Mark Jenny and his son, Matt, are partners in MJT Custom Aged Guitar Finishes.

Mark Jenny and his son, Matt, are partners in MJT Custom Aged Guitar Finishes.
Their building at South River remains low-key, but there's an international business going on inside.
The five-year-old business produces about 300 guitars a month and are sold all over the world. Half of their business is custom-made orders, and the other half is for Internet-based vendors and dealers. The name of the game for Mark is always “vintage.”
“We recreate vintage vendor guitars; what are known as 'relics,'” Mark said. “Everything you see me involved in has to do with vintage, restored or refinished.”

How They Do It
In the beginning of the process, the business receives a shipment of already-carved wooden guitar bodies. Guitar bodies are then sprayed with color.
Employee Nate Hohenfeldt was trained by Mark in this area of expertise, and has improved his skills in his five years of experience with MJT.
“Everyone here is artistic,” Mark said. “They like it – everyone enjoys the process and don't mind the work it takes to get the end product.”
After receiving color, the guitars are transferred to the wet-sanding area. From here, some are given a binding, which was a popular beautification in the 1950s.
From there, guitars are then given their “age.” Mark's daughter, Michele, 31, picked up this art soon after she joined the business four years ago.
“She's a natural,” Mark said. “She came on with us to do shipping, and picked it up one day to help me out. Now she's our top ager.”
Based on what the customer wants, guitars are given a look that appears to be experience. A lacquer is used on the guitar, and then put into a freezer to allow the lacquer to crack.
“This look comes from when musicians traveling, say, up north, keep their guitars in the back of the trunk while they eat somewhere or stay in a motel,” Mark said. “The guitar's lacquer forms these cracks, and we recreate that. Some people order their guitar with a lot of age, or some just want a little.”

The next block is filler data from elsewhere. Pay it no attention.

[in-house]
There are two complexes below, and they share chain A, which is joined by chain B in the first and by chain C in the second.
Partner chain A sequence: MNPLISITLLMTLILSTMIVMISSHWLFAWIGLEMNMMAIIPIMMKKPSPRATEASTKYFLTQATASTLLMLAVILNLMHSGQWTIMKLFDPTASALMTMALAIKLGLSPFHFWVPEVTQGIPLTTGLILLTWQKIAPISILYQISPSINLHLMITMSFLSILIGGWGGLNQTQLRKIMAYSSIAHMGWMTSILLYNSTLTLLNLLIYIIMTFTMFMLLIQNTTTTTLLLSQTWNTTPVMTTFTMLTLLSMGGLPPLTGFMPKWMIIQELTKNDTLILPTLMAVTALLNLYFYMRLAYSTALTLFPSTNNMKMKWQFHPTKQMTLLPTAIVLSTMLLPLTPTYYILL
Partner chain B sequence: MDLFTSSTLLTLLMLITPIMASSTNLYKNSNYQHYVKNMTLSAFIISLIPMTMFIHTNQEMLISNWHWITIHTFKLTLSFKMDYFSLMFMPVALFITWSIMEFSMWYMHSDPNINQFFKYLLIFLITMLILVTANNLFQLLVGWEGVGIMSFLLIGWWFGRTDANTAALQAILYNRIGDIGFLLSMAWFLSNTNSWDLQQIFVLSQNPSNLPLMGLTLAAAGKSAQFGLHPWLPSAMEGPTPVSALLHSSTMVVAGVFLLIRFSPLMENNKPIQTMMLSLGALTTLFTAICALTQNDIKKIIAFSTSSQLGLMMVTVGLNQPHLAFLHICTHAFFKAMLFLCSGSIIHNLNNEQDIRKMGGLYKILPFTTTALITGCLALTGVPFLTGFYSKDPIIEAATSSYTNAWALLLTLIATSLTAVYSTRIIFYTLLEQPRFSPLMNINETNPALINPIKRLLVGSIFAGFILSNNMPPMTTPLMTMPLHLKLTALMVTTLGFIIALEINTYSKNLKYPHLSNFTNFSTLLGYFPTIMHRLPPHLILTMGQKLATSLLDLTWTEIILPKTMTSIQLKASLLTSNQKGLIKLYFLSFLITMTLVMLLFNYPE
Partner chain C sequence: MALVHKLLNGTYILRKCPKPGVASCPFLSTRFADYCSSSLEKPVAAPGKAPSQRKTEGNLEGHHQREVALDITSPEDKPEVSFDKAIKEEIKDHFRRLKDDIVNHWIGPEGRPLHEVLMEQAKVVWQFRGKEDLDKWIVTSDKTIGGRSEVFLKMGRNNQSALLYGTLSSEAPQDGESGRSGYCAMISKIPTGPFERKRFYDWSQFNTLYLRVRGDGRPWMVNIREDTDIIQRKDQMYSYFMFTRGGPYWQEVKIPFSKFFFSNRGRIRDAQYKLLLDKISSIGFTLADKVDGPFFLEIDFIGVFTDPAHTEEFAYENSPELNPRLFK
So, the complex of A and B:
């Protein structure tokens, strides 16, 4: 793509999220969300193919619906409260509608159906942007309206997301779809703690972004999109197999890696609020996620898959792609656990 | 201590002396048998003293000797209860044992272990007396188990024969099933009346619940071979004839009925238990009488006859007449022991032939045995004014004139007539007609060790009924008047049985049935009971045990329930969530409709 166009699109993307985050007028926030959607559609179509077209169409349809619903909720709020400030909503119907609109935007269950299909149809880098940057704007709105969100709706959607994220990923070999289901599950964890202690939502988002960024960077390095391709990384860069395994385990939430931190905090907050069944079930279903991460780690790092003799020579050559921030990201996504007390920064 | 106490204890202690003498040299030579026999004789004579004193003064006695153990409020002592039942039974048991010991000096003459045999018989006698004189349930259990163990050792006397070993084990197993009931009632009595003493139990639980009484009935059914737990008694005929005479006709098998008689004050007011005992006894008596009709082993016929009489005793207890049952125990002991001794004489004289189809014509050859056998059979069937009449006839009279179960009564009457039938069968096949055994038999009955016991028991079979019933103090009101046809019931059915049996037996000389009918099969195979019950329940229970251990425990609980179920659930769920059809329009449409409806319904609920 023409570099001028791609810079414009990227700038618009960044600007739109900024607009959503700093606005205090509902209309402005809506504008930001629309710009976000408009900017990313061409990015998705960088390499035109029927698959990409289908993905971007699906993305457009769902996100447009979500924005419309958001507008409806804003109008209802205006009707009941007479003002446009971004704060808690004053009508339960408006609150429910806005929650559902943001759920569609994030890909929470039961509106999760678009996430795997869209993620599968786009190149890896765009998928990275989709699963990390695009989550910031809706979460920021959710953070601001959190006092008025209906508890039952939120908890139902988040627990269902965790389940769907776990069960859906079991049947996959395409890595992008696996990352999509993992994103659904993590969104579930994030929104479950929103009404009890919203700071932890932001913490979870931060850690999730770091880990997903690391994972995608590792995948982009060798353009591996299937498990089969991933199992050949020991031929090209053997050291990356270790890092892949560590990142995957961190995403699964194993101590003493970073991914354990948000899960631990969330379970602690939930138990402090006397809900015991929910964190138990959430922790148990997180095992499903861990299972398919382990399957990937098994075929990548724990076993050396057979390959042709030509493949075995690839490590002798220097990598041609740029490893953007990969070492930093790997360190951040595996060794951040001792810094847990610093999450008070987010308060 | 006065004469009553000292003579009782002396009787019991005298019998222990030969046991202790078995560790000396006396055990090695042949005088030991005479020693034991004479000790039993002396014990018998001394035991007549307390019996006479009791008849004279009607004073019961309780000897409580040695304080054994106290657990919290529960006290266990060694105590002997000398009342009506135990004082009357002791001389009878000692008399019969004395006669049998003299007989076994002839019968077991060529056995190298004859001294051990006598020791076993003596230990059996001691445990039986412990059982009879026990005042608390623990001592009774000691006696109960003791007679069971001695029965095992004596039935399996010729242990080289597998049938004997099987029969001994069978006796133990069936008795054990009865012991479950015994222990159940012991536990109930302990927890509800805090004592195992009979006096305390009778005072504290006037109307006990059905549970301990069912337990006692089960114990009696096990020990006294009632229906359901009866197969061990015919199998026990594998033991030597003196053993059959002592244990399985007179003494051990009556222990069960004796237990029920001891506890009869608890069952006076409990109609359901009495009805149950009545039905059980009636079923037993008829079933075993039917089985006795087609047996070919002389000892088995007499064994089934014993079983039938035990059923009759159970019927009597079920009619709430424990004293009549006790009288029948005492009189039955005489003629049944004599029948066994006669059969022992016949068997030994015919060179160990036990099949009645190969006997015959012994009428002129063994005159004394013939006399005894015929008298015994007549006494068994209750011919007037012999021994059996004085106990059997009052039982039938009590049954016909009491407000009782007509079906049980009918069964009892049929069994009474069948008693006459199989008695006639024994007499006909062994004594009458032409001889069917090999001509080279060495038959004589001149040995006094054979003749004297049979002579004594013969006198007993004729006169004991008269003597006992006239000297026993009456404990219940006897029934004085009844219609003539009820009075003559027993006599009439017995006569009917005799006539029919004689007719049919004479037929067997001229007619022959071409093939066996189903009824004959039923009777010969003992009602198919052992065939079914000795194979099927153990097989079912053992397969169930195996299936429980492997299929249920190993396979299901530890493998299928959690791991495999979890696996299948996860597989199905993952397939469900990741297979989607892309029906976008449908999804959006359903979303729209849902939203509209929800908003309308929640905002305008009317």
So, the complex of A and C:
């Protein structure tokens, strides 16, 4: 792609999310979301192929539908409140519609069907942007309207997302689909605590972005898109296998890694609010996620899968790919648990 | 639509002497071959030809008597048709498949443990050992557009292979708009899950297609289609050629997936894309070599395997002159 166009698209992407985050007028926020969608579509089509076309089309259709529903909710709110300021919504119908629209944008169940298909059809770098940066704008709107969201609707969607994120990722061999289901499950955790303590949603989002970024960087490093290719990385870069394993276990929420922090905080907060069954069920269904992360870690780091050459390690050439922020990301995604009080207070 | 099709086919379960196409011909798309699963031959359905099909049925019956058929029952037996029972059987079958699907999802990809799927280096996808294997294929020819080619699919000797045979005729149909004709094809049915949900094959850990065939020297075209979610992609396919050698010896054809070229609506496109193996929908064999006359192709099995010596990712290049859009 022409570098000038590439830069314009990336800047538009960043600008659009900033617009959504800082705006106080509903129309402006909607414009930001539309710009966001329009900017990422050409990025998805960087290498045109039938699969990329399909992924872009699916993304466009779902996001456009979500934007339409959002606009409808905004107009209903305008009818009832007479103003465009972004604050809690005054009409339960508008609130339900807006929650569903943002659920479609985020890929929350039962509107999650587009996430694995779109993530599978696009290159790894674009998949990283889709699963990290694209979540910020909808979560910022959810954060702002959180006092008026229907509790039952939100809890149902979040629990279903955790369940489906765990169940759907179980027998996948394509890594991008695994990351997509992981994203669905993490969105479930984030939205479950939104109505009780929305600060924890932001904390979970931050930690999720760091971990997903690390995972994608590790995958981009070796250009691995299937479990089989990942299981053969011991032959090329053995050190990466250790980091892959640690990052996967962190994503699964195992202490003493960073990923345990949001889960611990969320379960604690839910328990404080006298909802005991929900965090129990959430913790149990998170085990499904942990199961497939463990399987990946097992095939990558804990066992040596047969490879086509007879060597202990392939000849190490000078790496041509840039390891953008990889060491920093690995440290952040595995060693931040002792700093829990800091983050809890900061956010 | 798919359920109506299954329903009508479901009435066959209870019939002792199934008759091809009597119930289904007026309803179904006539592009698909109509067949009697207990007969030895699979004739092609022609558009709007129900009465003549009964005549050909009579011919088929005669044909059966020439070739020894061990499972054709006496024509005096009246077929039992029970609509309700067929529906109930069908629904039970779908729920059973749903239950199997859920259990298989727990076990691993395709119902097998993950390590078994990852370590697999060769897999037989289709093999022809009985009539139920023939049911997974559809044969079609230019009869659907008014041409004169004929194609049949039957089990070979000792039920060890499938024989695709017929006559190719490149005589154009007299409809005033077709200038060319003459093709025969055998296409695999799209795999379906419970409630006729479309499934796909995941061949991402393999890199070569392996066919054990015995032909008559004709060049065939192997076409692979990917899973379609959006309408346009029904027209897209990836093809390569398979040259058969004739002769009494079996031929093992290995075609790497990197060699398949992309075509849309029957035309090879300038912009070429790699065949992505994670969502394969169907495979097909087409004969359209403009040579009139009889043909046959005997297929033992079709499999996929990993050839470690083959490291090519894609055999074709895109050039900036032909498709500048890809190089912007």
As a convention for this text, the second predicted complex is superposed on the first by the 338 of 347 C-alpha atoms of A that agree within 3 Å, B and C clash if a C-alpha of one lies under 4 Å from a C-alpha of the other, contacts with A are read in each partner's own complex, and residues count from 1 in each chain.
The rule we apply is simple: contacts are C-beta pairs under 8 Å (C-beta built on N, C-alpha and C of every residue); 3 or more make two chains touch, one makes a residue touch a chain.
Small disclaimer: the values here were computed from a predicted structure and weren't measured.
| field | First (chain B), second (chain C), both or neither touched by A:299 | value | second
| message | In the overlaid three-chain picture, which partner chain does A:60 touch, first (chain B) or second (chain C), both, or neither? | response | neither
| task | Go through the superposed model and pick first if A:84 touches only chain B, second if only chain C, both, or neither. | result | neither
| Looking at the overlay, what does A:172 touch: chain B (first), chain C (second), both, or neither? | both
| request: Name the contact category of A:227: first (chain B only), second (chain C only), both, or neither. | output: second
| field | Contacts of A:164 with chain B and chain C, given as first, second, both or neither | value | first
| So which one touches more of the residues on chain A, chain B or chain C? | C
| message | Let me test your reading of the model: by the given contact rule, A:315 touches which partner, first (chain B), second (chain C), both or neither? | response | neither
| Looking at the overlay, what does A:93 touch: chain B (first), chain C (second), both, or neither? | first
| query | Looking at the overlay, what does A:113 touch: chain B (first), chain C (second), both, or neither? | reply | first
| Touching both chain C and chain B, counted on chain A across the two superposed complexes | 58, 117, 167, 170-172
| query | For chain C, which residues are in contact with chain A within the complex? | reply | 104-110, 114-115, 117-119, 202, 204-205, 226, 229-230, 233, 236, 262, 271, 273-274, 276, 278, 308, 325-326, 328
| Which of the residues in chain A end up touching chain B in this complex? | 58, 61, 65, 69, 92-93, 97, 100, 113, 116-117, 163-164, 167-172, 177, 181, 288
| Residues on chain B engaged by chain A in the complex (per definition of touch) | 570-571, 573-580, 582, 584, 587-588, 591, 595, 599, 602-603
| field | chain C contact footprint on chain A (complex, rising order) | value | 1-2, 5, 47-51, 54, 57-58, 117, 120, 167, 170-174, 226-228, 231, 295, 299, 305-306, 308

Finished guitars are then sent to the packaging area in the business side – which is Matt's department.
“We've shipped to places I didn't even know existed,” said Matt, 34, “places you don't learn about in school; places you didn't know liked guitar music … Music is the most worldwide common thing people have.”

How It Began
Mark had a construction business in California; he sold it and moved here to pursue his hobby as his new career in 2007.
“This all started in my garage,” Mark said.
Mark was operating in a large garage on Garrison Avenue when his son joined the expedition. It started to grow fast – especially when Matt brought Nate onboard.
They moved to a place on Gum Road that had 1,000 square feet. They quickly outgrew that location, and moved into the building on South River, which has 15,000 square feet, two years ago.
“We're only using 7,000 for business here, so there's room to grow,” Mark said. “This kind of work takes years of practicing the technique. I spent 10-12 years in the trenches of this, and it takes lots of practice, lots of trial and error. These guys have taken it to the next level, and now their work is much better than mine. Based off of customer comments, we're considered one of the best in the world. We're quite proud of what we have here, but at the same time we don't want to get too puffed up about it – We want to keep our humility so we can continue to grow.”
MJT now operates with 11 employees, including Mark's wife, Wendy, who joined the business six months ago and has become a vital to the operation.

Where It Can Go
Easily half of the Jenny's business is international sales. About 15-25 boxes are going out everyday to places all around the world. Their guitars have been purchased for such artists as: Guns and Roses, Brooks and Dunn, and Anthrax.
And on a local level, one of the Jenny's guitars will be the featured instrument on an episode of Kelly's Kountry Junction in October. Jimmy Henley, a musician from Hee Haw, will be playing a MJT guitar, as the show is filmed in Joplin.
“It's been great,” Matt said. “For boys who are close to their parents, this is like a dream come true – especially to be in such a cool thing as guitars.”
Mark said the business is where it is today because of his son.
“Besides God's blessing, this place is possible because of Matt's hard work,” Mark said. “He took a product that I had and turned it into a business.”
There is a hope that the business will remain a family-owned and operated place for another generation. Matt's son, Landon, is three.